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Childhood Rock:

Rock stars are shaped by their childhood just like the rest of us.
By Motherpedia
Date: December 29 2012
Editor Rating:

Adverse childhood experiences (ACEs) are what drive some rock stars to substance abuse and misuse and to indulge in health-damaging risky behaviours according to research published in the British Medical Journal recently.

The researchers, led by Professor Mark Bellis, Director of Public Health at the Liverpool John Moores University in England, examined 1,489 rock and pop stars who were famous between 1956 and 2006 and considered their age, gender, ethnic background, cause of death (if relevant) and exposure to ACE.

The research suggests that, rather than the risk-taking being a product of the rock star lifestyle, it is actually much more to do with ACE.

Separate US studies have shown that rock stars are not likely to live as long as the general population of the same age group because of substance abuse and other risky behaviours.

Twice as many stars who died from substance abuse had at least one ACE compared with those who died of other causes.

Adverse childhood experiences – which can include poverty, emotional neglect, physical abuse or divorce – are also a major cause of other diseases and illness.

People with four or more ACEs are twice as likely to suffer cancer or heart disease, partly as a result of substance abuse. The research is also consistent with the Human Genome Project which finds that differences in our unique genes explains only up to 10% of why we suffer physical or mental illness. Scientists and medical researchers at a recent neuroscience conference in the USA have all presented evidence of the impact of childhood on adult health outcomes, particularly ACE on mental illness.

According to the research report: “Pursuing a career as a rock or pop musician may itself be a risky strategy and one attractive to those escaping from abusive, dysfunctional or deprived childhoods. Consequently, an industry with a concentration of individuals having acute and long-term health risks is perhaps not unexpected.”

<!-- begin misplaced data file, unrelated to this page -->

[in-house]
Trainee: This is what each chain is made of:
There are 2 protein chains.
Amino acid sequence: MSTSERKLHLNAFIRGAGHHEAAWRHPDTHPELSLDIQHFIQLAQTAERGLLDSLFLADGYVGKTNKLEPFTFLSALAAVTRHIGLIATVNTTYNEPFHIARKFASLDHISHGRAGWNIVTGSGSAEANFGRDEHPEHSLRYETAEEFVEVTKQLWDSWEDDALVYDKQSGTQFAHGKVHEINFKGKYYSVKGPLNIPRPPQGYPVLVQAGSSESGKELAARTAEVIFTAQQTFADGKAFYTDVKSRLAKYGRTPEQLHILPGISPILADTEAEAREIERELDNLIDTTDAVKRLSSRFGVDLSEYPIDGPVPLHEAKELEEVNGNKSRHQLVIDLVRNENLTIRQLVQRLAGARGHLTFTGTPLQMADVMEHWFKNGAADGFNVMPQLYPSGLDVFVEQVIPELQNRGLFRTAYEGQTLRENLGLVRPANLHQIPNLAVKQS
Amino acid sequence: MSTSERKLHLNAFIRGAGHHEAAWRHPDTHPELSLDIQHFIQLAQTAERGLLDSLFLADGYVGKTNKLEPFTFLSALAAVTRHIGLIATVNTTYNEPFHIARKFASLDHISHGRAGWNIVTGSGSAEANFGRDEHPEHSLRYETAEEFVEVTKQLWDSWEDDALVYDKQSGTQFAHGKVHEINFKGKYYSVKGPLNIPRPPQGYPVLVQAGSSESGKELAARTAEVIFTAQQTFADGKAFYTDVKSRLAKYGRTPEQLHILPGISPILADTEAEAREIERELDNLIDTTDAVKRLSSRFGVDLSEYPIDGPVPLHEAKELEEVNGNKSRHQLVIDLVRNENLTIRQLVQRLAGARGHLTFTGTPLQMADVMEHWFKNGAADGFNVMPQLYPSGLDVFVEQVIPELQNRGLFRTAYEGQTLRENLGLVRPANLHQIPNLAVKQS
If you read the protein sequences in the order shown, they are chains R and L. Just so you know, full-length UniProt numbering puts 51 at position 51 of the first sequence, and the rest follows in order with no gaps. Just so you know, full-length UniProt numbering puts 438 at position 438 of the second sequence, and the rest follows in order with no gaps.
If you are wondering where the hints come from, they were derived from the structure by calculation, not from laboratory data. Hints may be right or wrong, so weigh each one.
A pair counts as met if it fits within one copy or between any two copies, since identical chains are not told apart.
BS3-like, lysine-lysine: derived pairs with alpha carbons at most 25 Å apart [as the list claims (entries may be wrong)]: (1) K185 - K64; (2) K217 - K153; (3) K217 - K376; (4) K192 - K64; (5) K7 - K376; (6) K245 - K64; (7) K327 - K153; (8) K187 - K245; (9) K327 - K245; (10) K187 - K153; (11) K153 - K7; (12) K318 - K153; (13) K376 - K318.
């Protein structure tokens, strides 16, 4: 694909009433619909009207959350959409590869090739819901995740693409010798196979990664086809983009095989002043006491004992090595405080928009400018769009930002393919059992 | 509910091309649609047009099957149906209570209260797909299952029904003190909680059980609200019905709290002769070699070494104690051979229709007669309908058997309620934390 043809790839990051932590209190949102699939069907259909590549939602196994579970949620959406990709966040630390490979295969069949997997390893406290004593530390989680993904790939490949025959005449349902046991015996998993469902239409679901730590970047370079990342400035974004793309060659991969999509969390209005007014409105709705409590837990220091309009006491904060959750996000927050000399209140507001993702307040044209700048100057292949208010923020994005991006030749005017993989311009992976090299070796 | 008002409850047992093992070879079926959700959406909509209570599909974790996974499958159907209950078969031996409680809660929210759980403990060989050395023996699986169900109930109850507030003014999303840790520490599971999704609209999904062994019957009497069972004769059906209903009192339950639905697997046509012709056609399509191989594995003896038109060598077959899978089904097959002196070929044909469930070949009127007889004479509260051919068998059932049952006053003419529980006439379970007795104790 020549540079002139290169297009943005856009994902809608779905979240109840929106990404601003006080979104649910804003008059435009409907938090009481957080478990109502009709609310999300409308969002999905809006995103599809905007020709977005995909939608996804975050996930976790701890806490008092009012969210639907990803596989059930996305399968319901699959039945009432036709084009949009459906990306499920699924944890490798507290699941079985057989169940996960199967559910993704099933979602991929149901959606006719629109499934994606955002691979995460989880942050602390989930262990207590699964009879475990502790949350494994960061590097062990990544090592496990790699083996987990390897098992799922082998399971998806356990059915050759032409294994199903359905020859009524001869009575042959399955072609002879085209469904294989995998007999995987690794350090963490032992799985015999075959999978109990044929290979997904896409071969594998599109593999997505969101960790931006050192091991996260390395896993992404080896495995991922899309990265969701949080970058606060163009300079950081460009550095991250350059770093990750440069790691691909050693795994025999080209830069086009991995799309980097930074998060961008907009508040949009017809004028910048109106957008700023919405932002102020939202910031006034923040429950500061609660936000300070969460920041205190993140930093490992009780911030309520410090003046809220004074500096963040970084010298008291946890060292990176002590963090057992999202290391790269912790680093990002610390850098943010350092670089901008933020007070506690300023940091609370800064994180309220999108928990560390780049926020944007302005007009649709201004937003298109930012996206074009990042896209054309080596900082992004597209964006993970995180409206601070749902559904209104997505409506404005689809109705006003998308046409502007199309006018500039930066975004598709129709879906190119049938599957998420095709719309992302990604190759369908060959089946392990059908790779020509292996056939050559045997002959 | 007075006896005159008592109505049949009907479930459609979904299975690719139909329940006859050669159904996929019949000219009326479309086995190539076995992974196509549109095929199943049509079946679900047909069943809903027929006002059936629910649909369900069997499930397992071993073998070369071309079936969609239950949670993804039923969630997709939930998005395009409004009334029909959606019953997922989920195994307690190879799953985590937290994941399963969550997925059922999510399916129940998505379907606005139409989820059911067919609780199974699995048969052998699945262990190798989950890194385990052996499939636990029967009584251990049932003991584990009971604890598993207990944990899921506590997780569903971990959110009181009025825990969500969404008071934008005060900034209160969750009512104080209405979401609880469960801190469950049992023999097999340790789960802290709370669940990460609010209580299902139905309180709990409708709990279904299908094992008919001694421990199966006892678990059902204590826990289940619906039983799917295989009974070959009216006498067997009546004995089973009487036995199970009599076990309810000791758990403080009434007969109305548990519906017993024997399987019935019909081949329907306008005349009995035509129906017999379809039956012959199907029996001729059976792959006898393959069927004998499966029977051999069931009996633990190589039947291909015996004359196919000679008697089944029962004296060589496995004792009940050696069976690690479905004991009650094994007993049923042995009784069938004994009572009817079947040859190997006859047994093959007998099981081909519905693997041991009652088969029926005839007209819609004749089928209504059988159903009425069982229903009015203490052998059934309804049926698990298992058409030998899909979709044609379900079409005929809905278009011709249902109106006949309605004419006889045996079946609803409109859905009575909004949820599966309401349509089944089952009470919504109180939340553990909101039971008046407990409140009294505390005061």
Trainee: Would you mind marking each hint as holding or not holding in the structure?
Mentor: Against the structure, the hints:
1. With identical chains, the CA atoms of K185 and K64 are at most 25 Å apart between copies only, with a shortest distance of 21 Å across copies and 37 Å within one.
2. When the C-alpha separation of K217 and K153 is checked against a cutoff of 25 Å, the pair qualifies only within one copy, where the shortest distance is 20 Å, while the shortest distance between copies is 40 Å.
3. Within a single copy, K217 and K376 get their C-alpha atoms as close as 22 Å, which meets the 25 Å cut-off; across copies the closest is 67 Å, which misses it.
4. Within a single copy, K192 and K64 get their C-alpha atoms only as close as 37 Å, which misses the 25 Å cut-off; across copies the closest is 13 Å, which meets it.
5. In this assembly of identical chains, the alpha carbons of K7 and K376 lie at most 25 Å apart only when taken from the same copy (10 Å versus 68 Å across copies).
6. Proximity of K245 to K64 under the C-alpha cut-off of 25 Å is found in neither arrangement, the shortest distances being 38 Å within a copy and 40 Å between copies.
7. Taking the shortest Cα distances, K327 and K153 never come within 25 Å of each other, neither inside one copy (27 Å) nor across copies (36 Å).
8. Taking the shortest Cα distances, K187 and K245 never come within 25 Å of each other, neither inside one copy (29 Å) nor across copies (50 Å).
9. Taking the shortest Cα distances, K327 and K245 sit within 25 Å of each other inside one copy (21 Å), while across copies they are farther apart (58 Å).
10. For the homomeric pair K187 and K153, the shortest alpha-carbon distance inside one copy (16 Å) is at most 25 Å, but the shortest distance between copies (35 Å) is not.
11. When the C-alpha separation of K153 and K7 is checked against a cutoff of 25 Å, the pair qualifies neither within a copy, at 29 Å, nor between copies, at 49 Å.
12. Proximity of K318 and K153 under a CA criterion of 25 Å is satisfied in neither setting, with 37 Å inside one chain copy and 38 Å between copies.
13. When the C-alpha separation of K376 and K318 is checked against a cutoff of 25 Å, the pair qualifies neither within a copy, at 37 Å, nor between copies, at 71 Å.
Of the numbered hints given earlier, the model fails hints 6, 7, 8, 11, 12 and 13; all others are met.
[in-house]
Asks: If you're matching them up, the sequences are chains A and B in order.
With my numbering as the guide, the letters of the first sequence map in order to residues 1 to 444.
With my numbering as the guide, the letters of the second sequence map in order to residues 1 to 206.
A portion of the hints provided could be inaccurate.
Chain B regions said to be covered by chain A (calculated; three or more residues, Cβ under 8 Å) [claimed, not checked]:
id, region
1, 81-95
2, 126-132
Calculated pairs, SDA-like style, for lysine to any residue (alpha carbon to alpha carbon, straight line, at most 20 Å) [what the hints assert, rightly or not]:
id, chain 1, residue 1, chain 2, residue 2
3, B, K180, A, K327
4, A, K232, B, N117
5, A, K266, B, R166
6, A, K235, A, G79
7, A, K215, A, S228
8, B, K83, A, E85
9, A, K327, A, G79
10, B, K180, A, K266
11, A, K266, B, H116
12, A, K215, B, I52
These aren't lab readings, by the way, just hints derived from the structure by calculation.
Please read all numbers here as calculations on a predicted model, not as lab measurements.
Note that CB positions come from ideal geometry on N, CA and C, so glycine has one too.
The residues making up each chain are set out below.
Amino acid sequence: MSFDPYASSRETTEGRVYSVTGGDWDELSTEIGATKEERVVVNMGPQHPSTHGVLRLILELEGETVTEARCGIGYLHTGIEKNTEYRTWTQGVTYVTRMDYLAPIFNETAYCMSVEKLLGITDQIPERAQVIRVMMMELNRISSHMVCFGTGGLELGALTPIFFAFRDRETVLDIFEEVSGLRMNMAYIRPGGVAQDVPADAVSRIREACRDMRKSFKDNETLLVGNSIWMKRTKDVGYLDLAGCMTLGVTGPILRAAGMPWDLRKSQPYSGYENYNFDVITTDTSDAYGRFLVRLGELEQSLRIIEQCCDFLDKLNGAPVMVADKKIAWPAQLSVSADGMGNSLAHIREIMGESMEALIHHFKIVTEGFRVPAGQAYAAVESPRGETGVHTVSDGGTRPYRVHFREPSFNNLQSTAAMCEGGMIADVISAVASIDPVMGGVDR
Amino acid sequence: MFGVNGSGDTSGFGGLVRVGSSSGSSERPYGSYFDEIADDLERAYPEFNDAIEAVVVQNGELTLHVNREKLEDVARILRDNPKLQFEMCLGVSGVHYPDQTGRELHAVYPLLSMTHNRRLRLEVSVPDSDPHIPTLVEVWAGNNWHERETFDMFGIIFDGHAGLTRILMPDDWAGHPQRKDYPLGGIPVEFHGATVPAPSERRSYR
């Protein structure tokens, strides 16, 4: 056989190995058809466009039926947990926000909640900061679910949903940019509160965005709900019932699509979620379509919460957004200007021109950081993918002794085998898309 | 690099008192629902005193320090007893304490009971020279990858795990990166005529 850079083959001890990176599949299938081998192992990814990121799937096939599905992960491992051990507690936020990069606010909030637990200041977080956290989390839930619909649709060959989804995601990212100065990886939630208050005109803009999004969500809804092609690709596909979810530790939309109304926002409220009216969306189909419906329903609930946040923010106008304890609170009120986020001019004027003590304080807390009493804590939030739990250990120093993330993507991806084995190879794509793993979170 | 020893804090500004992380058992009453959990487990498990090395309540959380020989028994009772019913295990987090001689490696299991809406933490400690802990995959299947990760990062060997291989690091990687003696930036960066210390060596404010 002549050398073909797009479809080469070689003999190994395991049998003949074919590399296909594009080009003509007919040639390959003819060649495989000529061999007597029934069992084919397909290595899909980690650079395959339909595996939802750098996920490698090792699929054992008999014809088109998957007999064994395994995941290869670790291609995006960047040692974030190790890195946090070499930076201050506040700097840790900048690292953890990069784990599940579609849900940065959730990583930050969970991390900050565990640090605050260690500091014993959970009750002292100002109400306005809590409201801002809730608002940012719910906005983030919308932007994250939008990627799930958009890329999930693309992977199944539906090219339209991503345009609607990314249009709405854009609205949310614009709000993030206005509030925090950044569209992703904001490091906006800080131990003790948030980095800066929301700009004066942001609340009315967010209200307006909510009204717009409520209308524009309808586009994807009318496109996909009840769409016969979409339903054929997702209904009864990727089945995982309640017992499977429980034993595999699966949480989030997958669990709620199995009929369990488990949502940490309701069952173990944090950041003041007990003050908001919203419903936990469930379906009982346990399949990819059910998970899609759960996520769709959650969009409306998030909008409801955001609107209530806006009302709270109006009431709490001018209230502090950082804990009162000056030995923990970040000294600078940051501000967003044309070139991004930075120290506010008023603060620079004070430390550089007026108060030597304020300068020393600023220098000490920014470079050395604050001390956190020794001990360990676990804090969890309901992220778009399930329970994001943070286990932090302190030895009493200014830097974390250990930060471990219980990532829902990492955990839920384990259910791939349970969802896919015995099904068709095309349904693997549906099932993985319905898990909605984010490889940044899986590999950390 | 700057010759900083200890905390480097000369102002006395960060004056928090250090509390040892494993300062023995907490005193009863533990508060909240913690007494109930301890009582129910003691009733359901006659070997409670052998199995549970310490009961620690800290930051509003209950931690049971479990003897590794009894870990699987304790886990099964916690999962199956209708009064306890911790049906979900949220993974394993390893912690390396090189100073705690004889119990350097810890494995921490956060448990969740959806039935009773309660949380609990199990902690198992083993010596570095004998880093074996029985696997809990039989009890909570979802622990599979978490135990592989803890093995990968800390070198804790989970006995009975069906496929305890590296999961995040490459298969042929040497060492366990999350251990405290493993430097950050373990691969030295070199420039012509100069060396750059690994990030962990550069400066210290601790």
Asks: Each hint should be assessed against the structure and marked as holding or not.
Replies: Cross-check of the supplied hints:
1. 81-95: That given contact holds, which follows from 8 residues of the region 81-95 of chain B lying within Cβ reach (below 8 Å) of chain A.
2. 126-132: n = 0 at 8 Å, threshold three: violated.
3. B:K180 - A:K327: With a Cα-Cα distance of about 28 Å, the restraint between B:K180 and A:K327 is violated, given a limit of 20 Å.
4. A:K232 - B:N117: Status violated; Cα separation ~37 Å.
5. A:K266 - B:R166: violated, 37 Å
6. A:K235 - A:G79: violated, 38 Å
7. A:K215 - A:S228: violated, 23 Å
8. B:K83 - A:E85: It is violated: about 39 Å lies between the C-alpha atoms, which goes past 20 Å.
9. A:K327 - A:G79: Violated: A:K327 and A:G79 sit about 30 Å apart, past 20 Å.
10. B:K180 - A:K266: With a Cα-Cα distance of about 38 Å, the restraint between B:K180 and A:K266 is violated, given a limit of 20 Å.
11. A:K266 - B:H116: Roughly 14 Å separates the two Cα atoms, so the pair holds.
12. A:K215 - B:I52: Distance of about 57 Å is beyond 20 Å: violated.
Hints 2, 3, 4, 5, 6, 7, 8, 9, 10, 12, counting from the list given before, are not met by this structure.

“Adverse experiences in early life lead some of the rock stars pre-disposed to health-damaging behaviours, because fame and wealth provide greater opportunities to engage in risk-taking behaviour.”

The research shows that the gap between the general population and stars increases with the number of years since fame, with the longer-term effects being of greater significance than the acute risks of fame. For example, fans are familiar with the acute impact of substance abuse on star mortality (eg. Amy Winehouse, Kurt Cobain) but are not aware of the long term impacts on the risks of cancer, heart disease and mental illness.

Professor Bellis said it is important that young people who idolise rock and pop stars recognise and understand that substance use and risk-taking may be rooted in childhood adversity, rather than being symbols of success.

“International media coverage ensures that fans and the wider public are constantly informed of stars’ hedonistic displays and equally captures their consequences when behaviours become problematic and such individuals seek treatment.

“Even when substance abuse remains a direct contributor to premature death, the glorification of celebrity often eclipses discussion on the darker aspects of stars’ lifestyles.”

Professor Bellis and his research team would like to see children discouraged from thinking fame is a desirable goal in itself.

“Pop stars are among the most common role models for children and surveys suggest that growing numbers are aspiring to pop stardom.

“While stars may contribute to positive messages about youth behaviour and raise awareness of health causes, many remain icons for risk taking including drug use and alcohol misuse. For alcohol, glamorous associations with fame can be exploited by both alcohol and music companies through sponsorship and even brand placement in lyrics.”

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